Originally a compound of 御(o-, “honorific prefix”) + 父(toto, “father”) + 様(-sama, “honorific suffix”).
/ototosama/ → /otottsan/ → /otossan/
The /otossan/ → /otoosan/ progression was artificial; regular Japanese sound changes generally would not allow this shift. The /otoosan/ form first appears in the early Meiji period in educational materials mandated by the 文部省(Monbushō, “Ministry of Education”).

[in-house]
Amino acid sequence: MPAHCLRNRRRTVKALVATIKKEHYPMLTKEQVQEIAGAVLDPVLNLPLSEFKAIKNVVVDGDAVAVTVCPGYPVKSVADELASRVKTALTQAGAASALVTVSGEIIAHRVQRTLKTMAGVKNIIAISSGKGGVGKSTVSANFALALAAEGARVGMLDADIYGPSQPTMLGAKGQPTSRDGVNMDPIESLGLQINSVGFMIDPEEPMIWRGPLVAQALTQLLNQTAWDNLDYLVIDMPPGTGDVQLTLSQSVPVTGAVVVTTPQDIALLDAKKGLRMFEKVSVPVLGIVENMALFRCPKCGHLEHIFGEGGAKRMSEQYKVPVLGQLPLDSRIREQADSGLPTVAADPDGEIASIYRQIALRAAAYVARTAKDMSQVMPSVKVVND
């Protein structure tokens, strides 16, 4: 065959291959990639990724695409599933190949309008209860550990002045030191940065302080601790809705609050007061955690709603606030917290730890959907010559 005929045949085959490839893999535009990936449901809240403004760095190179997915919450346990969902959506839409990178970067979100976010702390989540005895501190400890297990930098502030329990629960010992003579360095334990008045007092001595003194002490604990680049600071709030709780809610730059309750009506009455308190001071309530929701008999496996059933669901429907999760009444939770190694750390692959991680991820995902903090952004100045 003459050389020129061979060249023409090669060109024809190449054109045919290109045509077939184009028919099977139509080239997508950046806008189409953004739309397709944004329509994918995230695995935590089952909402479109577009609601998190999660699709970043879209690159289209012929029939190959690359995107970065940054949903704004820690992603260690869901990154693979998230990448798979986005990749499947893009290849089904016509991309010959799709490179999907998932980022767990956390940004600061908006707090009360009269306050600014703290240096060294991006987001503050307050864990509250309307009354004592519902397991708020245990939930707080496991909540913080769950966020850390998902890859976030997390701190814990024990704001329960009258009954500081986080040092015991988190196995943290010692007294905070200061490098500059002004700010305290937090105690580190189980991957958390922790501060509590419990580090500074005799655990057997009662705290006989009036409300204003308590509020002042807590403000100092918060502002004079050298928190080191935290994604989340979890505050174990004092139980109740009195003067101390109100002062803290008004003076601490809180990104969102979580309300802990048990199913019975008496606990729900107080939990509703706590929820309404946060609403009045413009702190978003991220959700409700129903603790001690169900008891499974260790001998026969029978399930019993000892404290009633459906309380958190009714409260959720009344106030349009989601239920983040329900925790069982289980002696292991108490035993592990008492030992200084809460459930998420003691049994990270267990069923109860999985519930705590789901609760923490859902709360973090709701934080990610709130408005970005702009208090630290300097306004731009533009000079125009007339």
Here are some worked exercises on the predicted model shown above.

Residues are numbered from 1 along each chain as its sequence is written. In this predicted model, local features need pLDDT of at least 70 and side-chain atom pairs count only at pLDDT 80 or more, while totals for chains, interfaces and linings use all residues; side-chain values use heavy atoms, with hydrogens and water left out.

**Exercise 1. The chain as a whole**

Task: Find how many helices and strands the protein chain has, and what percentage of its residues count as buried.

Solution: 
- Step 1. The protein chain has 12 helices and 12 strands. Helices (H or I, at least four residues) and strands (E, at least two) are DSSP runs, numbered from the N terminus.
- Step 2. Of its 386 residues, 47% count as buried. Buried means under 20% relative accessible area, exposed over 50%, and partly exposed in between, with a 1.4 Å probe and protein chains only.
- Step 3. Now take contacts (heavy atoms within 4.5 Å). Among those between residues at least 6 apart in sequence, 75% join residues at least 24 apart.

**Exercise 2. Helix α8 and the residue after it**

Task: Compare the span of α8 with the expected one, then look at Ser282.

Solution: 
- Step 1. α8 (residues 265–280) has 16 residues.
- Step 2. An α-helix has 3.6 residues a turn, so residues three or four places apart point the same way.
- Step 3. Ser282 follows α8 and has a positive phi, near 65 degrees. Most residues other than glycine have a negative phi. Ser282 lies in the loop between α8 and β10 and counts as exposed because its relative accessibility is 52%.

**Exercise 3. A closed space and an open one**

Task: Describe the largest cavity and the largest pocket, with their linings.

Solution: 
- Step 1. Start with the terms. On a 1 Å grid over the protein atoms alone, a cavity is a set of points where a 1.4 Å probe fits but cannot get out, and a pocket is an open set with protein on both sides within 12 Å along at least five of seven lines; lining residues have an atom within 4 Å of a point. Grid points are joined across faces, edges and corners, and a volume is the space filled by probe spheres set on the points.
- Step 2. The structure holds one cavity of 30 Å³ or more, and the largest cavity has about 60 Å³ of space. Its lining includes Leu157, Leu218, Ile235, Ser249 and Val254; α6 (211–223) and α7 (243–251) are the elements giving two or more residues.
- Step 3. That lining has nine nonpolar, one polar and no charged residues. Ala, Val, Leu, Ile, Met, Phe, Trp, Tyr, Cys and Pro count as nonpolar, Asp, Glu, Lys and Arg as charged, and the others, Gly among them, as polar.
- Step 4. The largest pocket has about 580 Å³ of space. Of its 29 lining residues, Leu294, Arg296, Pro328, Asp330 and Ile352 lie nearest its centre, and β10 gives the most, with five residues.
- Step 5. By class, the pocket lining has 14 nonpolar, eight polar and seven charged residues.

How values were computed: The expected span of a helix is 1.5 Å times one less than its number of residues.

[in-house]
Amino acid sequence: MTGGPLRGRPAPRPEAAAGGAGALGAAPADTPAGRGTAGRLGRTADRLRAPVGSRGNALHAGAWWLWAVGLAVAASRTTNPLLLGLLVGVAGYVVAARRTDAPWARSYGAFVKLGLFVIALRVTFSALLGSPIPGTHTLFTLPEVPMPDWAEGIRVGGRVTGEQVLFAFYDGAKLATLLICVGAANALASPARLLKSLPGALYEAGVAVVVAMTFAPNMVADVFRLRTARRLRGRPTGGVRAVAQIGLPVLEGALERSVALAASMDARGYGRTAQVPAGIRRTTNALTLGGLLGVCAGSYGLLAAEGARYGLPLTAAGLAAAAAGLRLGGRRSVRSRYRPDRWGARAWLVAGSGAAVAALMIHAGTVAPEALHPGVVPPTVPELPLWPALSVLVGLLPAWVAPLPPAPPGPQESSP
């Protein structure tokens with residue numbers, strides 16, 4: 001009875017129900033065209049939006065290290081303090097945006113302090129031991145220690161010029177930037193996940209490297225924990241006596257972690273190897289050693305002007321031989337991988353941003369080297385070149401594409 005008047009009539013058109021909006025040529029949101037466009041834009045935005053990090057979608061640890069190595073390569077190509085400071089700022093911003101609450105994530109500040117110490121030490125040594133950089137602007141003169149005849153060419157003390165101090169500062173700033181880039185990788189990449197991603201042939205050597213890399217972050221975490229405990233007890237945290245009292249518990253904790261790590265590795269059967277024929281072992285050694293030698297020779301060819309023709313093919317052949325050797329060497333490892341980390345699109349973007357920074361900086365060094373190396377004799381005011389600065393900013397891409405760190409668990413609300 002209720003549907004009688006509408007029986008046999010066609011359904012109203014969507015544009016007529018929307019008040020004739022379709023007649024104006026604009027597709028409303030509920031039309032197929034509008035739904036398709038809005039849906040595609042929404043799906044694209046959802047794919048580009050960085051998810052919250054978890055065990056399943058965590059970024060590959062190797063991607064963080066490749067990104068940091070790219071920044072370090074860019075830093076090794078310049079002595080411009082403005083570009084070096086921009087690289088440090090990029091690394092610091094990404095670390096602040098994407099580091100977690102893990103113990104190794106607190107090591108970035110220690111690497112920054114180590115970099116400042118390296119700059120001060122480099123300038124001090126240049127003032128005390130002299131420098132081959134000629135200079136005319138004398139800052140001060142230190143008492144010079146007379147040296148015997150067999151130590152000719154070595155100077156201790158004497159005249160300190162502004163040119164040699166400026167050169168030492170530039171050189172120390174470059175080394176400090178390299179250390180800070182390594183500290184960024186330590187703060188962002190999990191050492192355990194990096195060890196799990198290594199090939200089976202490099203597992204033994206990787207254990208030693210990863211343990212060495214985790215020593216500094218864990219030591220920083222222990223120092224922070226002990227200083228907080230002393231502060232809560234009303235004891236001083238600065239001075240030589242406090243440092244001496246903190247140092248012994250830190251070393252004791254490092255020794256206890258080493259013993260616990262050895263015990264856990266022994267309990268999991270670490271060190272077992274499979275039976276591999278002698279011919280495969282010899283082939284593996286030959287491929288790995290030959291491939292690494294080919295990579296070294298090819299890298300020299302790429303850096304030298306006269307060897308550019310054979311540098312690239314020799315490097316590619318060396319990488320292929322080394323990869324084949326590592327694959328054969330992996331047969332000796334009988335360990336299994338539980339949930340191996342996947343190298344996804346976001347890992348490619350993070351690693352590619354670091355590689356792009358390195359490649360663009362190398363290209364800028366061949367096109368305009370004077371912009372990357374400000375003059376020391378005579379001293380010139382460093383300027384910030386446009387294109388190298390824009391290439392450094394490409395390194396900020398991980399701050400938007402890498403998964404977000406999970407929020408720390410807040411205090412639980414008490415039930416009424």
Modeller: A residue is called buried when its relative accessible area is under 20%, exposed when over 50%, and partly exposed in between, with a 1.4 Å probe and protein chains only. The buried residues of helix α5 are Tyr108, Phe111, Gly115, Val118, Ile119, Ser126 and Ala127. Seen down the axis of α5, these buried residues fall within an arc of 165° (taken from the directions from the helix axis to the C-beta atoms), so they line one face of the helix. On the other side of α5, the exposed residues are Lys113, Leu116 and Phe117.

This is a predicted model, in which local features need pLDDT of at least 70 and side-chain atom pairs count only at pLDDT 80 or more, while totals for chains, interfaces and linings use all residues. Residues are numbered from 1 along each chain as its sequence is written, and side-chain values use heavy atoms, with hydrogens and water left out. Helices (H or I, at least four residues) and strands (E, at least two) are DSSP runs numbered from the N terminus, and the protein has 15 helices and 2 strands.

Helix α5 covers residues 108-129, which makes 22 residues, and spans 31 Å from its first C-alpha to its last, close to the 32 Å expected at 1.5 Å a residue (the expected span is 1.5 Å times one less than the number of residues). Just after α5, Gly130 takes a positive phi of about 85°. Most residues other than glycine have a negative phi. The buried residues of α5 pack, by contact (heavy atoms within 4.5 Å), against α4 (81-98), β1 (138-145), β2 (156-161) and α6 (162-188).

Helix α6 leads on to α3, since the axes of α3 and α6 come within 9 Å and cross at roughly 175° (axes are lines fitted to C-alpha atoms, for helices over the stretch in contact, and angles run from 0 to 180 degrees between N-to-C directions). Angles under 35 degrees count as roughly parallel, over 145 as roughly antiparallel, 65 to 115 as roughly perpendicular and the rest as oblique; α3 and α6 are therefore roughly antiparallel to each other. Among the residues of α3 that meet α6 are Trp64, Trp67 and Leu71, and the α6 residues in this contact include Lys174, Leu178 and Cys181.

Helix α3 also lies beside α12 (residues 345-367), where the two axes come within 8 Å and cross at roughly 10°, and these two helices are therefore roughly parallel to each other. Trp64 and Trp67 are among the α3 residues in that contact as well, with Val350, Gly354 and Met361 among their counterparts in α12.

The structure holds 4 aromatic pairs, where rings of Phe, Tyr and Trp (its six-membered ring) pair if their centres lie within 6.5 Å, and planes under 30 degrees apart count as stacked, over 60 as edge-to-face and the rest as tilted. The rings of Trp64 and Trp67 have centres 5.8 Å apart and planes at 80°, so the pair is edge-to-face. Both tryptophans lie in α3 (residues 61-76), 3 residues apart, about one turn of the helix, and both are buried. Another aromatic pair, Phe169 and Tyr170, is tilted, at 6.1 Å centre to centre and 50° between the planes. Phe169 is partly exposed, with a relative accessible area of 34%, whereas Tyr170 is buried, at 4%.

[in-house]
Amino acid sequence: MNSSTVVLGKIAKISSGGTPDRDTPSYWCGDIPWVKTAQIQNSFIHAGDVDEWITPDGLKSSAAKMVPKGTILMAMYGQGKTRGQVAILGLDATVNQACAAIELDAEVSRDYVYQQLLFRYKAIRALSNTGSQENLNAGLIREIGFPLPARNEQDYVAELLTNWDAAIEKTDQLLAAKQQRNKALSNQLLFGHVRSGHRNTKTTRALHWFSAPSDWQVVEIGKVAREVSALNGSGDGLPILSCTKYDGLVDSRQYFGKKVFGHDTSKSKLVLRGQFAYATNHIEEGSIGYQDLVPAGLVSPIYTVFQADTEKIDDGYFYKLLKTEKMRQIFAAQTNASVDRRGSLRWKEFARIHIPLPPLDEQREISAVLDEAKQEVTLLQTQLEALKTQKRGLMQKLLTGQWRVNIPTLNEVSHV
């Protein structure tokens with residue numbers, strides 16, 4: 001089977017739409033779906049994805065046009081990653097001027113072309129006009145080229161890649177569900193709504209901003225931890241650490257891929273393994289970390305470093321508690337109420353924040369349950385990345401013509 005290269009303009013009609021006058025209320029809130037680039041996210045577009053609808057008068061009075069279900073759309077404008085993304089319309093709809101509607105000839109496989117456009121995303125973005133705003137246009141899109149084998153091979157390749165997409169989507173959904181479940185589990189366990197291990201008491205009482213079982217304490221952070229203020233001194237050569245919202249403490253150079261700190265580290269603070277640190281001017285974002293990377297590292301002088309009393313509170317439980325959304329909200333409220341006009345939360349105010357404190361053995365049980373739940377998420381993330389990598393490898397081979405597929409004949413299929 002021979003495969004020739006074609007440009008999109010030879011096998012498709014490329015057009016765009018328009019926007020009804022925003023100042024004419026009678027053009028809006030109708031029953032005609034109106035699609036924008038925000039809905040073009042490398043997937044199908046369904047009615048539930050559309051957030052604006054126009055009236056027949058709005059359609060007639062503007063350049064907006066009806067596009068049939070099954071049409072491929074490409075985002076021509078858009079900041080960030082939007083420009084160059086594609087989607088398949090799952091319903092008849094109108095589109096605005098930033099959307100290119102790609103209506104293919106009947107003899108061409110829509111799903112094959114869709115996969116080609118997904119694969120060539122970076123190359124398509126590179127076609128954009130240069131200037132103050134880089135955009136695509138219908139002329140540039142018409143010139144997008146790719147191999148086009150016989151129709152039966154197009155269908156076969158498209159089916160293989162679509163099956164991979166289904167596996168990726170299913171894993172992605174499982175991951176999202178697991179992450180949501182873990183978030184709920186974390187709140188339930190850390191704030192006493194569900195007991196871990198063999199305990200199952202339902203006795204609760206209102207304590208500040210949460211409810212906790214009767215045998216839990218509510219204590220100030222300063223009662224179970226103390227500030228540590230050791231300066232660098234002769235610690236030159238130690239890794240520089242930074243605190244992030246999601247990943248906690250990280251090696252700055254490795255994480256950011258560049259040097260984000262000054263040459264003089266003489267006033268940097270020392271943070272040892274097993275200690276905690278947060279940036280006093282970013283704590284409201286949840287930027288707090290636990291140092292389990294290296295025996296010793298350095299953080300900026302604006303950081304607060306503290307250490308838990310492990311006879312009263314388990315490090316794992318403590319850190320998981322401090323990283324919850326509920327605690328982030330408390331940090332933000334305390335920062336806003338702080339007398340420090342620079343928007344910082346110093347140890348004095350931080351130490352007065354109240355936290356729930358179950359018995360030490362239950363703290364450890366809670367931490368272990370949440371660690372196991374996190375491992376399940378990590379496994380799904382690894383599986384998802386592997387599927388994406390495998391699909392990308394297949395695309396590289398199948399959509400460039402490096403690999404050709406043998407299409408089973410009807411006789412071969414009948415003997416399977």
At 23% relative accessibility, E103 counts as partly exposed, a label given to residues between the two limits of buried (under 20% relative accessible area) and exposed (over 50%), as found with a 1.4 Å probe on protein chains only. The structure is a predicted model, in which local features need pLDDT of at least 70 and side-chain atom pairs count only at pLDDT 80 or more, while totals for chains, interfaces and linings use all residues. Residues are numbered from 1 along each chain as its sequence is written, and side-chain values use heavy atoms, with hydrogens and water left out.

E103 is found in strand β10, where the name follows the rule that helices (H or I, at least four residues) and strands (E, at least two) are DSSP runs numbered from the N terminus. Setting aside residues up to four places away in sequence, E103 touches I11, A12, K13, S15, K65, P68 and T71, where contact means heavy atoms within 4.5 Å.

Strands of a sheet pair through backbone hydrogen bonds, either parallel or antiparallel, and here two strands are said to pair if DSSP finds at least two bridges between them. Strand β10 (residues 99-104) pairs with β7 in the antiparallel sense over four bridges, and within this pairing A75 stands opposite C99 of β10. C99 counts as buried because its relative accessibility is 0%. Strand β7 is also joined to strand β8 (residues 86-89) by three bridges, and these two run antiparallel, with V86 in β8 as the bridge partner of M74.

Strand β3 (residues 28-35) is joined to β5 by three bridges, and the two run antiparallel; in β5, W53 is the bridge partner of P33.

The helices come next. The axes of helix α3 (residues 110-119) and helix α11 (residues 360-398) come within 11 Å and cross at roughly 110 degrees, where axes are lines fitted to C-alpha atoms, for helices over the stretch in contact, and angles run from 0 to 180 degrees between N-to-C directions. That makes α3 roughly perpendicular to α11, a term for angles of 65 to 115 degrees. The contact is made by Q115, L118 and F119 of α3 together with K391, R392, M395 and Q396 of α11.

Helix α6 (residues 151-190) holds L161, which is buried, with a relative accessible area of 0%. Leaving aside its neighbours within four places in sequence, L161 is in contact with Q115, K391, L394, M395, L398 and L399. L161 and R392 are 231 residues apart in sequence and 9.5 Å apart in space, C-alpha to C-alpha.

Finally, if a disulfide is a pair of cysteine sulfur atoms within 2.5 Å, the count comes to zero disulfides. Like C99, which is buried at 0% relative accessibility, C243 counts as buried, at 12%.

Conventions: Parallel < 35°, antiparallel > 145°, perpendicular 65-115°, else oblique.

Synonyms:父(ちち, chichi)(only used to talk about one's own father), 父親(ちちおや, chichioya)(more general and impersonal), 父上(ちちうえ, chichiue)(more formal), 親父(おやじ, oyaji)(more informal, similar to old man), おやっどん(oyaddon)(Kagoshima)